Windows 11 Tool to Add Google Play Secretly Installed Malware
A popular Windows 11 ToolBox script used to add the Google Play Store to the Android Subsystem has secretly infected users with malicious scripts, Chrome extensions, and potentially other malware.
When Windows 11 was released in October, Microsoft announced that it will allow users to run native Android apps directly from within Windows.
This feature was exciting for many users, but when the Android for Windows 11 preview was released in February, many were disappointed they could not use it with Google Play and were stuck with apps from the Amazon App Store.
While there were ways to use ADB to sideload Android apps, users began looking for methods that let them add the Google Play Store to Windows 11.
Around that time, someone released a new tool called Windows Toolbox on GitHub with a host of features, including the ability to debloat Windows 11, activate Microsoft Office and Windows, and install Google Play Store for the Android subsystem.
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Once tech sites discovered the script, it was quickly promoted and installed by many.
However, unbeknownst to everyone until this week, the Windows Toolbox was actually a Trojan that executed a series of obfuscated, malicious PowerShell scripts to install a trojan clicker and possibly other malware on devices.
Abusing Cloudflare workers to install malware
Over the past week, various users shared the discovery that the Windows Toolbox script was a front for a very clever malware attack, leading to a surprisingly low-quality malware infection.
While the Windows Toolbox script performed all of the features described on GitHub, it also contained obfuscated PowerShell code that would retrieve various scripts from Cloudflare workers and use them to execute commands and download files on an infected device.
To run Windows Toolbox, the developer told users to execute the following command, which loaded a PowerShell script from a Cloudflare worker hosted at http://ps.microsoft-toolbox.workers.dev/.
The use of Cloudflare Workers to host the malicious scripts was clever, as it allowed the threat actors to modify the scripts as needed and to use a platform that has not been overly utilized to distribute malware, so it will likely be less easily detected.
This script looks like it does what is advertised, with features to debloat Windows 11, disable telemetry, fix the Your Phone app, set up power profiles, etc.
However, on lines 762 and 2,357 of the script, there is obfuscated code, but at first glance, it does not look like it could pose any risk.
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However, when deobfuscated, it converts into PowerShell code [Stage 1, Stage 2, Stage 3] that loads malicious scripts from Cloudflare workers and files from the https://github.com/alexrybak0444/ GitHub repository.
This repository contains numerous files, including a renamed Python distribution, 7Zip executable, Curl, and various batch files.
Unfortunately, some scripts stored on Cloudflare required special headers to be sent to access them or are simply no longer available, making it hard to precisely analyze what this mess of PowerShell scripts, batch files, and files did on an infected device.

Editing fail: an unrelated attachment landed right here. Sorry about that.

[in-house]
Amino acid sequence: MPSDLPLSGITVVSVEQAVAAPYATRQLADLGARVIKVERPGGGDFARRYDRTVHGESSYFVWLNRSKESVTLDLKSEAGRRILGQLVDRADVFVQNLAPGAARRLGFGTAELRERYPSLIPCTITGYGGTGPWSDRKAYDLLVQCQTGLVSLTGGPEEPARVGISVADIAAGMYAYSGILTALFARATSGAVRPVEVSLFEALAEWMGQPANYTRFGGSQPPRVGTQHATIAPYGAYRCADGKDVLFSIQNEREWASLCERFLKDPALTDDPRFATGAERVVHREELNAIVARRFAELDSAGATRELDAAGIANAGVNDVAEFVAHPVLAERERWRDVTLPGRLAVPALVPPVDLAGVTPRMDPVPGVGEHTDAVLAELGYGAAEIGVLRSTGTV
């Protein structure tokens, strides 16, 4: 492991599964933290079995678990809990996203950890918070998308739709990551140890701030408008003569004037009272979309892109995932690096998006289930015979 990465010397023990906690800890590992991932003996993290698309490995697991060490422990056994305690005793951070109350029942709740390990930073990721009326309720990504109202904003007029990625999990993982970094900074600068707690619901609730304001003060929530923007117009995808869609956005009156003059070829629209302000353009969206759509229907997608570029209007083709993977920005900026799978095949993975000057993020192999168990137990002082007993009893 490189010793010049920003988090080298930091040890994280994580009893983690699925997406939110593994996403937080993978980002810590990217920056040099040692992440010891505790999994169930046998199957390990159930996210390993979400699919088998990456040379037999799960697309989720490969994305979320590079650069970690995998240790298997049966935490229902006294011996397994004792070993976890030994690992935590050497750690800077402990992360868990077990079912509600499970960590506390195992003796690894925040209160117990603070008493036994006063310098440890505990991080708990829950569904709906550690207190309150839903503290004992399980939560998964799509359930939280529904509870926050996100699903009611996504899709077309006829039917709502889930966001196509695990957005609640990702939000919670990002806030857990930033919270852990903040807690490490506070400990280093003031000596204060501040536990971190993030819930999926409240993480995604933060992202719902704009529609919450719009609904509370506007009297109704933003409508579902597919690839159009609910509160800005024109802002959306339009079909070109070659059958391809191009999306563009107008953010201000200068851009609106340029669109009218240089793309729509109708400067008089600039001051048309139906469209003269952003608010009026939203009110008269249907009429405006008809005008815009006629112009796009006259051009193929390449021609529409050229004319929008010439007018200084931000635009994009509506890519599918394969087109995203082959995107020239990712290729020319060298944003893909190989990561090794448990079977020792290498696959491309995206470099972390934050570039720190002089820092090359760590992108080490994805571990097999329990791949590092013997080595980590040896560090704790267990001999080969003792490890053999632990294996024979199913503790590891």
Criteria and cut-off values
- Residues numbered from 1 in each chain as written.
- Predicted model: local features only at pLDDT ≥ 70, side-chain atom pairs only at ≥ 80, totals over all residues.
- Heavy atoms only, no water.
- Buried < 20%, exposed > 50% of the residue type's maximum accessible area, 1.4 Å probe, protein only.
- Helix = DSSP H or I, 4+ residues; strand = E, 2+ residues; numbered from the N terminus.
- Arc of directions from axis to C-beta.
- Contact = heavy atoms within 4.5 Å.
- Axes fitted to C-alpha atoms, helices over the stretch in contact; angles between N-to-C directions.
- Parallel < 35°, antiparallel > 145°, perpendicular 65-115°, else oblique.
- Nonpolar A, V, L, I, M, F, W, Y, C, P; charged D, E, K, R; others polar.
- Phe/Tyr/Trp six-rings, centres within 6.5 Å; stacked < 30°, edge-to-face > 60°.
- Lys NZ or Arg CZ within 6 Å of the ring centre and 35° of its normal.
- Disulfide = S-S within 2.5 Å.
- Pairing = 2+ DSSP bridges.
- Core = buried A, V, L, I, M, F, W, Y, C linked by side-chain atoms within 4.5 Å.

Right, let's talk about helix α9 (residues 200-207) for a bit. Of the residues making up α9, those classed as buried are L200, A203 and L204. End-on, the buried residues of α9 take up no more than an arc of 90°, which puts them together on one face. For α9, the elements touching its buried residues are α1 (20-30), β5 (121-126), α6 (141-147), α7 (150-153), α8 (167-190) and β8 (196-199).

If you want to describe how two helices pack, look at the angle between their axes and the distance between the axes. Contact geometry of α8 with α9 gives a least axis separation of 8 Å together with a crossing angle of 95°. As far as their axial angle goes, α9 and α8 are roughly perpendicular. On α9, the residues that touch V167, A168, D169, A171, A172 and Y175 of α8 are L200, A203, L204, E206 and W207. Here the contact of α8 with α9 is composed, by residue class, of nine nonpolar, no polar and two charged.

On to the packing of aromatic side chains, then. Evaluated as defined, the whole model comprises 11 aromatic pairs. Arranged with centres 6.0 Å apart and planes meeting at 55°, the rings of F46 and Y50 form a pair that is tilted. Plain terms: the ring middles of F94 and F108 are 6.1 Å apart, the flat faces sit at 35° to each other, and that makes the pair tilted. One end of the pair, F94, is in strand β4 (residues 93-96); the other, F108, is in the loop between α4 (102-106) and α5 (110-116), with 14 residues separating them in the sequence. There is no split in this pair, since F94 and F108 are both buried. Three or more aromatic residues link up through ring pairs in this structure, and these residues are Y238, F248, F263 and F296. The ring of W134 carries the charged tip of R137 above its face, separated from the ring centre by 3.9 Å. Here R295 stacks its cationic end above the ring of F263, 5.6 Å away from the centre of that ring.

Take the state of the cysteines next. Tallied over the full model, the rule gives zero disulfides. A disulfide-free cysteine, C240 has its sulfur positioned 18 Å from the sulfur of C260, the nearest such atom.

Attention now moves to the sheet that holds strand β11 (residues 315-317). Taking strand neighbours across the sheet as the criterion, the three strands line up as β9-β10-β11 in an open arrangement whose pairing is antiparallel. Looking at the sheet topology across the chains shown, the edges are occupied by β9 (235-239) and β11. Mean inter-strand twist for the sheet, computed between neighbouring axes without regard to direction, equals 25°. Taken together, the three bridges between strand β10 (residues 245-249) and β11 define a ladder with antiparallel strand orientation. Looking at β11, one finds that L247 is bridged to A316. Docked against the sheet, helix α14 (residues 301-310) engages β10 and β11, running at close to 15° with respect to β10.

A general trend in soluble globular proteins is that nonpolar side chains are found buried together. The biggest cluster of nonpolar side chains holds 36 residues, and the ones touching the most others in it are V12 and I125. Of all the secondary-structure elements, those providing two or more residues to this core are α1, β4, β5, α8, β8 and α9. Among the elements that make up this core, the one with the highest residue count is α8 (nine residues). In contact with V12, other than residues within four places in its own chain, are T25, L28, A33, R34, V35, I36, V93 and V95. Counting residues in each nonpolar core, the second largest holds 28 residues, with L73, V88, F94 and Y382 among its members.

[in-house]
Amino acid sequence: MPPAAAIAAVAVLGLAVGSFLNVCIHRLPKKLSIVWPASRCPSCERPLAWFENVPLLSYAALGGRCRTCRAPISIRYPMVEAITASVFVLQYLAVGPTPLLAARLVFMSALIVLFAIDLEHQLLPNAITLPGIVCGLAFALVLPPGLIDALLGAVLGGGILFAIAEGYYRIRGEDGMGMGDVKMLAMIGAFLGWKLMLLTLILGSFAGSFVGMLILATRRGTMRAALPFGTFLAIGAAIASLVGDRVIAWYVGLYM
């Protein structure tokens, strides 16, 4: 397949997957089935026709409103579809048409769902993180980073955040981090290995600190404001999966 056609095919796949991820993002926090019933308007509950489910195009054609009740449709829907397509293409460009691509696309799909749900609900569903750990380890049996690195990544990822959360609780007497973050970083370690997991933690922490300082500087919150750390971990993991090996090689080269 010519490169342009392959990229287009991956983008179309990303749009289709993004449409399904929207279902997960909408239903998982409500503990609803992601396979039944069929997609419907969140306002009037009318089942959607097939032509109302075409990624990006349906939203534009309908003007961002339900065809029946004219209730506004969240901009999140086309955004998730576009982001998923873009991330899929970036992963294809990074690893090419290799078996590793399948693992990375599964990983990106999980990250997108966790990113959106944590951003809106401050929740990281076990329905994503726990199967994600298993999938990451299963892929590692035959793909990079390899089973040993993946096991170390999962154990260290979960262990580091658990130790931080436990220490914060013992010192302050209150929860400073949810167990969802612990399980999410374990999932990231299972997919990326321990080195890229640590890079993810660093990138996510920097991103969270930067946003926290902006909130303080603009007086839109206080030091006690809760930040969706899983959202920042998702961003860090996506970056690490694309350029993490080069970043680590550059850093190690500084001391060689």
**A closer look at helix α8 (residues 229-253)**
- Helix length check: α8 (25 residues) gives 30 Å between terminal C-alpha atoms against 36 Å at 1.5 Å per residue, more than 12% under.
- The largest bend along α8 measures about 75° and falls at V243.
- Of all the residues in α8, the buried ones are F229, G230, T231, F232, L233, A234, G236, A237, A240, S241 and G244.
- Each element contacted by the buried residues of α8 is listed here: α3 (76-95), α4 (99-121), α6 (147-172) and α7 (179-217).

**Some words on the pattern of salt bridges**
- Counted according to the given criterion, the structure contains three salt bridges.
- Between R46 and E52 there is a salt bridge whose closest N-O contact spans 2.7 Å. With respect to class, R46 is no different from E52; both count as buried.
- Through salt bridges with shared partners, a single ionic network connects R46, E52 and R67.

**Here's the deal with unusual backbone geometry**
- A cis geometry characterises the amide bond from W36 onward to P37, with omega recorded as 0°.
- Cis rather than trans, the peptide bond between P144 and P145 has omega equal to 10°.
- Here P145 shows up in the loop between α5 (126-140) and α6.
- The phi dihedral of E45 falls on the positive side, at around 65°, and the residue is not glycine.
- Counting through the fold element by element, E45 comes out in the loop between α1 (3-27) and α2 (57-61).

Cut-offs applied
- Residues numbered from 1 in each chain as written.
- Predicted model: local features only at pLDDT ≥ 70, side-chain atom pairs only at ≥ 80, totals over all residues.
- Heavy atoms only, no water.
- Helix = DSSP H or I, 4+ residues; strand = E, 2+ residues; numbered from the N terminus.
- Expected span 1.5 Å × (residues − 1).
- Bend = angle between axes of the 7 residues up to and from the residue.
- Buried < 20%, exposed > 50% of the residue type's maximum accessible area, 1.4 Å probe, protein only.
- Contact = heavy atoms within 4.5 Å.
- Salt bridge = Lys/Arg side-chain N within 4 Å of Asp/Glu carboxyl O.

What we know is that the malicious scripts only targeted users in the US and created numerous Scheduled Tasks with the following names:
Microsoft\Windows\AppID\VerifiedCert Microsoft\Windows\Application Experience\Maintenance Microsoft\Windows\Services\CertPathCheck Microsoft\Windows\Services\CertPathw Microsoft\Windows\Servicing\ComponentCleanup Microsoft\Windows\Servicing\ServiceCleanup Microsoft\Windows\Shell\ObjectTask Microsoft\Windows\Clip\ServiceCleanup
These scheduled tasks are used to configure various variables, create other scripts to be run by the tasks, and kill processes, such as chrome.exe, msedge.exe, brave.exe, powershell.exe, python.exe, pythonw.exe, cdriver.exe, and mdriver.exe.
It also created a hidden
c:\systemfile folder and copied the default profiles for Chrome, Edge, and Brave into the folder.
The PowerShell scripts created a Chromium extension within this folder to execute a script from https://cdn2.alexrybak0555.workers.dev/ when the browser is started.
This script appears to be the main malicious component of this attack, and while it uploads geographic location information about the victim, its malicious behavior is strangely only used to generate revenue by redirecting users to affiliate and referral URLs.
When users visit whatsapp.com, the script will redirect them to one of the following random URLs, which contain “make money” scams, browser notifications scams, and promotions of unwanted software.
https://tei.ai/hacky-file-explorer https://tei.ai/pubg-for-low-spec-pc https://tei.ai/get-free-buck https://tei.ai/win-free-digital-license https://tei.ai/make-money-online-right-now https://tei.ai/make-money-online-35-way https://tei.ai/9qmcSfB https://tei.ai/GCShsSr https://tei.ai/wCJ88s
The impact of the payload delivered by hits convoluted mess of scripts is so minor that it almost feels like something is missing.
This may be the case, as one of the scheduled tasks executes code from autobat.alexrybak0444.workers.dev, which may contain more malicious behavior. However, this script was not archived and is unavailable.
For those who ran this script in the past and are concerned they may be infected, you can check for the existence of the above-scheduled tasks and the C:\systemfile folder.
If these are present, delete the associated tasks, the systemfile folder, and the Python files installed as C:\Windows\security\pywinvera, C:\Windows\security\pywinveraa, and C:\Windows\security\winver.png.